Chloe Smith made a major contribution to charity in 2006 - before she was an MP - when she was part of a team from the financial services company Deloitte that raised £100,000 for Leukaemia Research and the British Heart Foundation by climbing Mount Kilimanjaro.
Altitude sickness kept her from the summit, but now that she's Economic Secretary to the Treasury and the minister with primary responsibility for charity taxation, she's tackling another mountain - the unnecessary bureaucracy that prevents charities from being more effective.
In recent years, several rules have been made by the Treasury and HM Revenue & Customs to prevent misuse of charitable tax reliefs, culminating in the proposal in this year's Budget to limit tax reliefs for major philanthropists, which was scrapped after the success of the Give it Back, George campaign.
While the government was still sticking to its guns, Smith's colleague David Gauke, Exchequer Secretary to the Treasury, was the minister who went on television to defend the proposal and met sector representatives to say 'no'.
More prominent role
Since the U-turn, Smith has taken a more prominent role, offering articles and blogs to the media and conferring with charities minister Nick Hurd (who hadn't been consulted before the so-called 'philanthropy tax').
Smith says she believes that no lasting damage has been done to the sector by the proposed tax relief cap. "No one would want that to be the result," she says. "We have been clear through the process that we didn't want the reputation of charities and philanthropy to be damaged."
She is keen to concentrate now on several initiatives to support the sector - most importantly, the Small Charitable Donations Bill, which she is piloting through the Commons. This would allow charities to claim Gift Aid-like payments on up to £5,000 of cash donations.
"The scheme represents a great opportunity for charities large and small," Smith says. "This is a real way of getting funding where it's needed and will be put to good use. We want to urge people to get involved."
The scheme has attracted criticism from the sector because it has several preconditions that would make it difficult for many small charities to use it. They will be able to claim the full £1,250 in relief only if they have claimed at least £625 in Gift Aid; and only charities that have correctly claimed Gift Aid in at least three of the preceding seven years will be eligible.
Smith says that some of the complexity involved is inevitable because of the need to protect the exchequer. "There are always challenges in the design of any new scheme," she says. "The government has had to have regard to possible windows for fraud. No one wants the public purse to be defrauded. I think people do understand that."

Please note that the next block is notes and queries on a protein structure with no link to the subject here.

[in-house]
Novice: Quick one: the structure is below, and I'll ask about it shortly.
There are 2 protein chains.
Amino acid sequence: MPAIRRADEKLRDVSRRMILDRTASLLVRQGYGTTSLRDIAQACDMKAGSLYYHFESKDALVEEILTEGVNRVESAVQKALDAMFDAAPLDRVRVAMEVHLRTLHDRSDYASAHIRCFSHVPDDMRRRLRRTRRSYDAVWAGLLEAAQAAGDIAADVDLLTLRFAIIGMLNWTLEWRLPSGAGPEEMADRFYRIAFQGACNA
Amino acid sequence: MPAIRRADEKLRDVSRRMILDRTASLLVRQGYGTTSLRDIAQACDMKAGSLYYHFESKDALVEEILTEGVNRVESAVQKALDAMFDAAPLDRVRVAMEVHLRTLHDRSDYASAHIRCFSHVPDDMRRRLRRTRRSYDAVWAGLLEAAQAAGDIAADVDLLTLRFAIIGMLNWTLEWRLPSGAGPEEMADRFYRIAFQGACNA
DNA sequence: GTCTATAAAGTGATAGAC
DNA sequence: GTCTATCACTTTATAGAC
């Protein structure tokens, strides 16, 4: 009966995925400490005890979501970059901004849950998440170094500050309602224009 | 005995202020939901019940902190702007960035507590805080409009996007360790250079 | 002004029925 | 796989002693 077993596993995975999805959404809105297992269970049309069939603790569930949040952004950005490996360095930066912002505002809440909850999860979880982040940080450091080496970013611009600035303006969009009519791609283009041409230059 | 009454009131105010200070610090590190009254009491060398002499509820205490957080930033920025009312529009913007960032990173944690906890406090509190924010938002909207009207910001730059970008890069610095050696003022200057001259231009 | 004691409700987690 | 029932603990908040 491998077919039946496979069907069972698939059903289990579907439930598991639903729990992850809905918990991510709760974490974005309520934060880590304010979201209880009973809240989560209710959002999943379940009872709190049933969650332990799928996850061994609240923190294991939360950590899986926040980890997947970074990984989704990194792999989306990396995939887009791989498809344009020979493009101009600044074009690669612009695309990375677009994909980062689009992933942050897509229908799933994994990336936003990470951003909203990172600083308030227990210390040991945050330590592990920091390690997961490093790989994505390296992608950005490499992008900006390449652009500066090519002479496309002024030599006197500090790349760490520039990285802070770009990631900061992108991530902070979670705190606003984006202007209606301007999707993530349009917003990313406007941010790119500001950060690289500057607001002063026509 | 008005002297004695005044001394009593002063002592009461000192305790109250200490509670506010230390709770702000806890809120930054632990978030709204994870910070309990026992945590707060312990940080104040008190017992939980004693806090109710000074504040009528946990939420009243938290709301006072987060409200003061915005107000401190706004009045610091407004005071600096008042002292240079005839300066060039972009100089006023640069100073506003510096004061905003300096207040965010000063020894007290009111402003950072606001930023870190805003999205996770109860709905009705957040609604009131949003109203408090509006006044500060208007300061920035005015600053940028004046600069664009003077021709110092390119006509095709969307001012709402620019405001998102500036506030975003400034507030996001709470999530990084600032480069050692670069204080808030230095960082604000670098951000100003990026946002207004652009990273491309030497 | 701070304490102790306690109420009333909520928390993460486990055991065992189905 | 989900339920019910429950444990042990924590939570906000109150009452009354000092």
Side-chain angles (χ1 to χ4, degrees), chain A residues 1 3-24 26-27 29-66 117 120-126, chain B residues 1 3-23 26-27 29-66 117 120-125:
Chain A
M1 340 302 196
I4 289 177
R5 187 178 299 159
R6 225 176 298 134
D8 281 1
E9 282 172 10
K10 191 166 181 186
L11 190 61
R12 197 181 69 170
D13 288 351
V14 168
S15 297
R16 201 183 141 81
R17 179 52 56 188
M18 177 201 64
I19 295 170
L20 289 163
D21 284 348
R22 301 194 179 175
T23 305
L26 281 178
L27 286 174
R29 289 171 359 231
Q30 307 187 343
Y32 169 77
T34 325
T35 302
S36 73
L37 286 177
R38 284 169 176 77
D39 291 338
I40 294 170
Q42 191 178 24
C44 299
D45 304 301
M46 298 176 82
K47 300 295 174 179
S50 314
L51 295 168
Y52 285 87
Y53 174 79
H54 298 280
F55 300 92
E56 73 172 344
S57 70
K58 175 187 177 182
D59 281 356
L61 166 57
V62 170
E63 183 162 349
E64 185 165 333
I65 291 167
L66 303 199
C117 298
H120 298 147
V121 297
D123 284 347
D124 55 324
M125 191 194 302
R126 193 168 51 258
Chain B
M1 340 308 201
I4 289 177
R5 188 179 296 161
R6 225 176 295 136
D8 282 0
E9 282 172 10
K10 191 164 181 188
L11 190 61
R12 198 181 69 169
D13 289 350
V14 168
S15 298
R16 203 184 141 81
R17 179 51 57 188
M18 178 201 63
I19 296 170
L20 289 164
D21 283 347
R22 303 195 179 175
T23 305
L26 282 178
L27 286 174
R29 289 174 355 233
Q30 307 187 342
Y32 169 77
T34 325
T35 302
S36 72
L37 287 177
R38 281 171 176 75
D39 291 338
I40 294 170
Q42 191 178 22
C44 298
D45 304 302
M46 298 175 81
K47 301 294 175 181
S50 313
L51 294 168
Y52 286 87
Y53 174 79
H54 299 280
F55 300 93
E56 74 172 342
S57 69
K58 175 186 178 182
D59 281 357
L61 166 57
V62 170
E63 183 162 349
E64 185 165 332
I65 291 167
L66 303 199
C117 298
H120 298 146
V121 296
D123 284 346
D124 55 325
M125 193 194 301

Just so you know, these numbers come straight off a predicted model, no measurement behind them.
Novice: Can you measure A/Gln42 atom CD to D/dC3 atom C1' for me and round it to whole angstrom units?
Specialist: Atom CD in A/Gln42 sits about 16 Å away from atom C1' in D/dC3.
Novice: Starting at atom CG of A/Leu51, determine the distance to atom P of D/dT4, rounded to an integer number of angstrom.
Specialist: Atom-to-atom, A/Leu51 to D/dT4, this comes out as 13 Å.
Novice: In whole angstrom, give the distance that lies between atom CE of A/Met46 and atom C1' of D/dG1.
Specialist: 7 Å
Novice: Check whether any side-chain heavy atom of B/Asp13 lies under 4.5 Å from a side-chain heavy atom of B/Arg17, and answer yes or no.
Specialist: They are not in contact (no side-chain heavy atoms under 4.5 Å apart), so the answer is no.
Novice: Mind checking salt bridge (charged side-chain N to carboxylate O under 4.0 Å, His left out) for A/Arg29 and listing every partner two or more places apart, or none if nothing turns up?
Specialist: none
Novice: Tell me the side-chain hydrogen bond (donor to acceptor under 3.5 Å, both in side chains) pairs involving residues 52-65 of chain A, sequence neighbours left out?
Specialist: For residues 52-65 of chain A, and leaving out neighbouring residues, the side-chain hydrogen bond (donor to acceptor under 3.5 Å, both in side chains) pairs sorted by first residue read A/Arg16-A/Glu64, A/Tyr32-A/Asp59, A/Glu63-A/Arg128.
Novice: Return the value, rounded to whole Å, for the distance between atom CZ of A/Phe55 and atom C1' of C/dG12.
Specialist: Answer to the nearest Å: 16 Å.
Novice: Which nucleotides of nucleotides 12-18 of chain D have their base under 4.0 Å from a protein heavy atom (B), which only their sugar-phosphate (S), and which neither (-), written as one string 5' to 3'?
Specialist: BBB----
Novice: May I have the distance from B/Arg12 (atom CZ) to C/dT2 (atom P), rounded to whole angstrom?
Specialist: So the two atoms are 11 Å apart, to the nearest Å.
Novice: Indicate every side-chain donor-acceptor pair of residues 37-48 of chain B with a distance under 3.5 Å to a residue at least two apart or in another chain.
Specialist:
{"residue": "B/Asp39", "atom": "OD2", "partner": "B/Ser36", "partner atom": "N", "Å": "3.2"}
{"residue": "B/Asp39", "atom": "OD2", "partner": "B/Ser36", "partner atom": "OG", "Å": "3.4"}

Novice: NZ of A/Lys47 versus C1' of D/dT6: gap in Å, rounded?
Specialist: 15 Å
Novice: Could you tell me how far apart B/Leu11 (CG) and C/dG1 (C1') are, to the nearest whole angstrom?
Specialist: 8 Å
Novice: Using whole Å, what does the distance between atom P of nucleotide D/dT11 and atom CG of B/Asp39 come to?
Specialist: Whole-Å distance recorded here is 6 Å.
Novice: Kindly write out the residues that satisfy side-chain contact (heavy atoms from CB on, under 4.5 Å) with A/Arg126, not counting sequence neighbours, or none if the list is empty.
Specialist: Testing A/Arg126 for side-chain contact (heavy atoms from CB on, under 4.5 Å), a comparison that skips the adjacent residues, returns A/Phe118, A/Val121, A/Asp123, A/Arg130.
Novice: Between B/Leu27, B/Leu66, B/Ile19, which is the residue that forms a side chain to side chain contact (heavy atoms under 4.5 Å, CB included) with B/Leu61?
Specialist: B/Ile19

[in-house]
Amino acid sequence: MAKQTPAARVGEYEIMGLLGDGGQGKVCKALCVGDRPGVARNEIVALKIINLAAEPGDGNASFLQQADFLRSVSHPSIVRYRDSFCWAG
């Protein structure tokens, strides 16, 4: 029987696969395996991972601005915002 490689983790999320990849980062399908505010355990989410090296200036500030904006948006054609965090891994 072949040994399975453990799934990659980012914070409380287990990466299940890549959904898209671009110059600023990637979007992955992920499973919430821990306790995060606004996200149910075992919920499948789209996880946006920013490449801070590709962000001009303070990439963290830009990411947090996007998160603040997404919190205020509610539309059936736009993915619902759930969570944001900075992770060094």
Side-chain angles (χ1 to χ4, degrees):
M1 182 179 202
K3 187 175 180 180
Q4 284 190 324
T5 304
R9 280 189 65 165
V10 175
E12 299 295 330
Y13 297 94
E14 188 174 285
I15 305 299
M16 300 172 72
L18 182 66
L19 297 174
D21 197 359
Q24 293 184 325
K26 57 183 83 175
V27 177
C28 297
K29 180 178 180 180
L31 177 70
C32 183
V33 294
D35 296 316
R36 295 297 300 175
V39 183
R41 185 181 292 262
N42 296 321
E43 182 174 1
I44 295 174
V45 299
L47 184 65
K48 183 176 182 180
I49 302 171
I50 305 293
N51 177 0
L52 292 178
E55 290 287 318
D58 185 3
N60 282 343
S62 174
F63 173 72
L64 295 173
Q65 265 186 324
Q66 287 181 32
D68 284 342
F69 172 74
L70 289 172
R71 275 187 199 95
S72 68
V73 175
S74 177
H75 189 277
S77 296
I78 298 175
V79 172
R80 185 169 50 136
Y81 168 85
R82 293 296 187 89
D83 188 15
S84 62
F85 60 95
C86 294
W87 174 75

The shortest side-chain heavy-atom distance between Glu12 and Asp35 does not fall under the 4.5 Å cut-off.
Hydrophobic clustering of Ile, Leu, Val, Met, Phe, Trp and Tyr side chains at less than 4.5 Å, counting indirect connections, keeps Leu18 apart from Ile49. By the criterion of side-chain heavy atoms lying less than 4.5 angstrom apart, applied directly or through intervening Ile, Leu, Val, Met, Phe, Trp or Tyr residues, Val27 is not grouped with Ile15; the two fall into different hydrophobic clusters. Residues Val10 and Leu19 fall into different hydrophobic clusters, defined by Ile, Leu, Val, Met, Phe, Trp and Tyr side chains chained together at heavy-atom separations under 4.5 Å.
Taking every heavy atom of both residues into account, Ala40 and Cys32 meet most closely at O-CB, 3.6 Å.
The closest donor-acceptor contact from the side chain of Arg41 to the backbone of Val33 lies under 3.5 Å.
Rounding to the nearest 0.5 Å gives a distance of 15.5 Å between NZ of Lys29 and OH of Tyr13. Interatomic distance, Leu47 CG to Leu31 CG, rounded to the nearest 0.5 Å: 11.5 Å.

Smith also says that, despite the limitations on the scheme, the government is sticking to its original estimate that it will be worth about £105m to the charity sector by the tax year 2015/16, and £115m by 2016/17.
She says the current estimates, agreed by the independent Office for Budget Responsibility, are based on the prediction that about 100,000 charities will be claiming some element of the GASDS by 2015/16. At present, HM Revenue & Customs figures indicate that between 65,000 and 70,000 charities claim Gift Aid each year.
Barries to social investment
Payroll giving and social investment are also being examined by the Treasury, Smith says. It is conducting a review of the barriers to social investment, and the sector has lobbied for this to include tax breaks and rule changes to make it easier for groups to become social investors, including charitable foundations, pension funds and people interested in investing relatively small amounts.
Smith says it is too early to judge what the conclusions of the review might be and that she cannot reveal its priorities. "The Treasury is looking at any financial barriers," she says. "At the same time the Cabinet Office is doing the Red Tape Challenge to reduce the burden of regulation. It's important that there's joint working."
On payroll giving, she says she is keen to see increased take-up and that there are some excellent ideas about how to do this, but she is again reluctant to go into the specifics.
"There's a large opportunity out there," she says. "There's a need for the government to help and for parts of government to work together. Nick Hurd and I have been talking to payroll giving agencies and major charities, and everyone is agreed that we want to see increased take-up."
Also on her list is a new tax relief that will support donors who want to donate works of art. "It's a good thing that we have reliefs for everything, from the gift of a major artwork to £1 in a bucket on the high street," she says.
2011: Economic Secretary, HM Treasury
2009: Conservative MP for Norwich North
2004: Business consultant, Deloitte